Monday, June 11, 2012

Ritual Graveyard in the Poison Garden

My poison patch of castor beans is coming up beautifully.  There are around 40-50 castor plants in it and their leaves have already darkened to that dusky purple sheen.  I've begun using this patch as a graveyard for my ritual remains.  One of the most recent things to be buried there was the remains of a Sara Lee pound cake that had been given in offering to St. Expedite after he (with amazing effeciency) helped me out.

Other things that make their way there are wilted flowers that are removed from the ancestral altar, water offered to spirits that has been out for a day or two and needs to be replaced with fresh, and any other biodegradable ritual item that has fulfilled it's purpose and is ready to move on. 

Another thing I use my ritual graveyard for is burying items that need to spend some time entombed as a part of their consecration.  For some things I will bury them in an actual graveyard, where a close proximity to literal human death is needed for the work. But if the purpose for the entombment is just related to a period of darkness in a sacred space, my ritual graveyard works perfectly.  The buildup of energy created from giving back ritual remains to the earth can become quite potent.  This can be accessed through the plants that grow there, and also by taking a bit of the soil to add to workings.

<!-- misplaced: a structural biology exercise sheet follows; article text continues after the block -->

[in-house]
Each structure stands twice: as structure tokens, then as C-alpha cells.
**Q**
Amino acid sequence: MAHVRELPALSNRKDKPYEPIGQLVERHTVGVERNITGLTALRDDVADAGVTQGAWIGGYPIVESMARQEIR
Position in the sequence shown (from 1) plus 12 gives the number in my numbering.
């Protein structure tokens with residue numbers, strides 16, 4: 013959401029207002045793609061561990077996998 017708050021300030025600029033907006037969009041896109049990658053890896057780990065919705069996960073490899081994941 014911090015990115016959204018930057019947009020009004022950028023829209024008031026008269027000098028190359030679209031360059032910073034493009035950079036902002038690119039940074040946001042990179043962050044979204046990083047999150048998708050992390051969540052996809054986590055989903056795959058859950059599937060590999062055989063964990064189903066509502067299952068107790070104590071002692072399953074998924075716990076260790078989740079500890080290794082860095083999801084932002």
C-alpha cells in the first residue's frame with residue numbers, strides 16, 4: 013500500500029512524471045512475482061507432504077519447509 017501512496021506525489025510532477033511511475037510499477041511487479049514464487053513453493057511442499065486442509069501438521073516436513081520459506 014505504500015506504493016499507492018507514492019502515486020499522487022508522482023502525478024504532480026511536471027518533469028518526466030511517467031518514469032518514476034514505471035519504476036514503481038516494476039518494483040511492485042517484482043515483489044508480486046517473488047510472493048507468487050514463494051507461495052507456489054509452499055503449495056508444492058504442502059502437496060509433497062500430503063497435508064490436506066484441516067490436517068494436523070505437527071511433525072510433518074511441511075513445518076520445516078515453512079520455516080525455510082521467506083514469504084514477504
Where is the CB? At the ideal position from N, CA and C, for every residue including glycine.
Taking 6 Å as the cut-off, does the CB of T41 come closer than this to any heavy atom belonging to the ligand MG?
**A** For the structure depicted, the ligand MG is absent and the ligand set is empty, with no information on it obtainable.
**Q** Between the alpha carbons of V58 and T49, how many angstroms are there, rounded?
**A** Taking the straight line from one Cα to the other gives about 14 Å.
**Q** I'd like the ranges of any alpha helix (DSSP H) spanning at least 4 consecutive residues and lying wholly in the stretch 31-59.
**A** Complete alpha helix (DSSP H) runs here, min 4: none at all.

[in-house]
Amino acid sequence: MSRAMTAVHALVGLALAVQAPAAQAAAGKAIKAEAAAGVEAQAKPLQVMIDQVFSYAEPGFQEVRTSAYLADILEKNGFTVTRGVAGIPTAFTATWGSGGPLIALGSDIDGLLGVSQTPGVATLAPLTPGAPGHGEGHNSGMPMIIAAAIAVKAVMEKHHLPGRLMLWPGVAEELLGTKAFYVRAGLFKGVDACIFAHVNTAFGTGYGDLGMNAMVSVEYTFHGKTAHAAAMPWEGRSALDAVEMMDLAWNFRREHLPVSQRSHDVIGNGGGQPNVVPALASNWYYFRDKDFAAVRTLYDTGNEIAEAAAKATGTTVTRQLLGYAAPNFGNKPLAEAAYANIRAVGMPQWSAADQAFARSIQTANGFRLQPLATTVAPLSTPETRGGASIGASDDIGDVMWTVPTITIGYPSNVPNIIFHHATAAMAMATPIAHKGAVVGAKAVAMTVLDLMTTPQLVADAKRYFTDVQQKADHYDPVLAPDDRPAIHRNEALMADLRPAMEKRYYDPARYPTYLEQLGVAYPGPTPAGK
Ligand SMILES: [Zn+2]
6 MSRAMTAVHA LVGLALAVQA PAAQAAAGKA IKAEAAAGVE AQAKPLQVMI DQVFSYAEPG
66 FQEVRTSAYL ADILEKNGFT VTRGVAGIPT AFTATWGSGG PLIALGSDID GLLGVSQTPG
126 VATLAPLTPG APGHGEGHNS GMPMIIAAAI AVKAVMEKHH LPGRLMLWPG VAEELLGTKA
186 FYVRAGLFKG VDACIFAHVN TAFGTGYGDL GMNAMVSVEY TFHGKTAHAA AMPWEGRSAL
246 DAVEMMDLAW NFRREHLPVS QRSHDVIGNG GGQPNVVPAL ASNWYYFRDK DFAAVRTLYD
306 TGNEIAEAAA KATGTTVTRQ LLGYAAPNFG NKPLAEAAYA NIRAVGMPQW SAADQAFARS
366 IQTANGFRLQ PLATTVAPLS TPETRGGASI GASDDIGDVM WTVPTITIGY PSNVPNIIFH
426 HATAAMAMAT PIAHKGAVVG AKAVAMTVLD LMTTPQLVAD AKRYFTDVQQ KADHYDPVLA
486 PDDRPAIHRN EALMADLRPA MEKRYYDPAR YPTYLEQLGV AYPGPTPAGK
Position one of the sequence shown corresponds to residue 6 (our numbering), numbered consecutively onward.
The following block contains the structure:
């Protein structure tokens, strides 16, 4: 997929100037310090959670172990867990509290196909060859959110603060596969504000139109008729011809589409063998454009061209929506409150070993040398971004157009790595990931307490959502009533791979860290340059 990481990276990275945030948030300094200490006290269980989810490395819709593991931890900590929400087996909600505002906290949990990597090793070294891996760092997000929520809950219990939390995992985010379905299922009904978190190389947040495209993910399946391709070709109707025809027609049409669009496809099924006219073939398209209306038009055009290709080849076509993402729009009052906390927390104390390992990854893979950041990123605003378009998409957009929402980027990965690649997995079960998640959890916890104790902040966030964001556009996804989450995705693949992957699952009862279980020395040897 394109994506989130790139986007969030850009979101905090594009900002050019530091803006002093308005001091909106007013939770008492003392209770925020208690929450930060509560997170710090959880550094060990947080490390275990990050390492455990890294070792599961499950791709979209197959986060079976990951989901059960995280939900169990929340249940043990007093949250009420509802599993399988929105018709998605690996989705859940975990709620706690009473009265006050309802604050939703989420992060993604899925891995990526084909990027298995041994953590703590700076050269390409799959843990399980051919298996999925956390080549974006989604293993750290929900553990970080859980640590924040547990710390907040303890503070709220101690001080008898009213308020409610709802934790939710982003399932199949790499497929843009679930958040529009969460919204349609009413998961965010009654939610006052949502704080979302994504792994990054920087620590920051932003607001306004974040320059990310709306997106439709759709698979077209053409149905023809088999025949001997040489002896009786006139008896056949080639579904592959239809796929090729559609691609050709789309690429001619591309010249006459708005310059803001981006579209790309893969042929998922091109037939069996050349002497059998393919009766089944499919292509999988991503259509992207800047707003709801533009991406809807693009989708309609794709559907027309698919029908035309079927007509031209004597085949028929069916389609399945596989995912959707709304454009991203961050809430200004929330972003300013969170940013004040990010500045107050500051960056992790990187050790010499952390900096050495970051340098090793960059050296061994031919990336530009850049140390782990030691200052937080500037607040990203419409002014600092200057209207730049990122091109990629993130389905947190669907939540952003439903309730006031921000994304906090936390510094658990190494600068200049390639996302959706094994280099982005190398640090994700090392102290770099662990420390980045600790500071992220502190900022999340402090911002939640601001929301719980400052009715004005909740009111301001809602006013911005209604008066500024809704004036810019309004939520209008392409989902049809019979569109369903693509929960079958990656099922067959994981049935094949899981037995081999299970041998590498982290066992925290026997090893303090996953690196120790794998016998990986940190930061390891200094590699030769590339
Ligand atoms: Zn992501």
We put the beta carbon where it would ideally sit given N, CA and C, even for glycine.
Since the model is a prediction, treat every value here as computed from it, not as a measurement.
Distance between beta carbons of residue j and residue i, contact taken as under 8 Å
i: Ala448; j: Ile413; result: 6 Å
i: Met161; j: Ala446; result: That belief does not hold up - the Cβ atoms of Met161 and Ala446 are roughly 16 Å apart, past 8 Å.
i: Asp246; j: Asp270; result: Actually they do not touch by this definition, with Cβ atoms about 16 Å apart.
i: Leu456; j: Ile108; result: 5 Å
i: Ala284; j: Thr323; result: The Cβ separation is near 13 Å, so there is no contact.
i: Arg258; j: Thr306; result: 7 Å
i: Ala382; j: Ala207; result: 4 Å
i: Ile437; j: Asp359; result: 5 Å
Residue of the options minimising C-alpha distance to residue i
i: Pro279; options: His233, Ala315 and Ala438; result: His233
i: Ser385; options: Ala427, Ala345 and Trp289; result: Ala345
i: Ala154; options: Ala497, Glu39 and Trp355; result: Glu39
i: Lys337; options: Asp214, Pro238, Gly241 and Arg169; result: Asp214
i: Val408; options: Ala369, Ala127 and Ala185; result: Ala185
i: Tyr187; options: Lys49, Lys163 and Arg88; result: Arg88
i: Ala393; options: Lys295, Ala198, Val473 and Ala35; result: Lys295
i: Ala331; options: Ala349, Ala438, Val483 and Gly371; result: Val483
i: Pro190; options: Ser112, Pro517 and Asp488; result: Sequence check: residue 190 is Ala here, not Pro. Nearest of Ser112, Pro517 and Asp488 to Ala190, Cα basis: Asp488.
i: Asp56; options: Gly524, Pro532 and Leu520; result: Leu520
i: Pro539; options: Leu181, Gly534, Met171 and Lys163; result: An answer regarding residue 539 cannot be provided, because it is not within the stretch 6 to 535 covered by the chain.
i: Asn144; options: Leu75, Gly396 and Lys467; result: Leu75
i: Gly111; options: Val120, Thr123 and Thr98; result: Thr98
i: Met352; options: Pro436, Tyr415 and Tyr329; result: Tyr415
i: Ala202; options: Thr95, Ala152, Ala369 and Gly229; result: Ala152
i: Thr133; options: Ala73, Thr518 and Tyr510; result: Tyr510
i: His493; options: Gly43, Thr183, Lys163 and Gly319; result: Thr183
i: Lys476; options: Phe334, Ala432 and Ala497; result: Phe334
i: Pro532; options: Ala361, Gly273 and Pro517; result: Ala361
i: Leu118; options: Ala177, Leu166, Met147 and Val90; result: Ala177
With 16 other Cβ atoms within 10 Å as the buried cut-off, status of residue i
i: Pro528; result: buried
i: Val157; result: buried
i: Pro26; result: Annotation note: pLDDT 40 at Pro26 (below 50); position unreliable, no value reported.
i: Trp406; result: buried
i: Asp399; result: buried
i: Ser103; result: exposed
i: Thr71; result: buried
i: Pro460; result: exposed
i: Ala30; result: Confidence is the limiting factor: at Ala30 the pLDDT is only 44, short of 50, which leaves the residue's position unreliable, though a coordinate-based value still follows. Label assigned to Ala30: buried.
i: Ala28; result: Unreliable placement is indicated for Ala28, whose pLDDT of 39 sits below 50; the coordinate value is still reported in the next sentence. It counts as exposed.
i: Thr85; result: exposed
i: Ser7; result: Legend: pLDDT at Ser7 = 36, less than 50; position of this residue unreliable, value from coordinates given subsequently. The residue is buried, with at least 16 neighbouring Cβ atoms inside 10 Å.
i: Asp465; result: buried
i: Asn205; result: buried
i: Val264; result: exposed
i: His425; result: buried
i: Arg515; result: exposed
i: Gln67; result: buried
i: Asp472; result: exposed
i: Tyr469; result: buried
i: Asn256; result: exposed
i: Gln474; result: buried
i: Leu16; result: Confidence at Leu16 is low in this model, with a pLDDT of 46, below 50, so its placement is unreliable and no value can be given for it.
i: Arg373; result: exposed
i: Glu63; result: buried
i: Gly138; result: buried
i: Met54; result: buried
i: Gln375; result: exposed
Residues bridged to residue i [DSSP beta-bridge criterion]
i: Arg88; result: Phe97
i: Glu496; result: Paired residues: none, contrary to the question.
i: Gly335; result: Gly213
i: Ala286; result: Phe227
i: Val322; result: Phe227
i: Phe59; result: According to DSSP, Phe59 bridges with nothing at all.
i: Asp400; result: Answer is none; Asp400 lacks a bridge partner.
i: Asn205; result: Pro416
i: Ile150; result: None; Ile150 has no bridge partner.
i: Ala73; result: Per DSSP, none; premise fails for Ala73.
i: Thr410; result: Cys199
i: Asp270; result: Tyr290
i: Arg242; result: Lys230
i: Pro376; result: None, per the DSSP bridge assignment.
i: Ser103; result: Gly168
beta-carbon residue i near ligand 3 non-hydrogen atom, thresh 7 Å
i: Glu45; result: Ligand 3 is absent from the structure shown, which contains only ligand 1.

The ritual graveyard is also an excellent place for monuments.  A statue dedicated to a nature or underworld spirit are appropriate here, because the graveyard is outdoors and the remains are being buried underground which brings in the underworld connections.  A tribute to moon goddess works also, and each night it's there soaking up the rays of the moon.  Statues or monuments dedicated to meeting of an entity that helped you on your path, or that you had a memorable meeting with also work well in the ritual graveyard.  The possibilities are endless. :)

There is a lot of lore about Witch Gardens, disposing of ritual remains, etc. in books and traditions around the world.  Nothing I do with this is new and my own invention, I'm sure I probably read of the idea several times before I started working with my version in the way I've described here.

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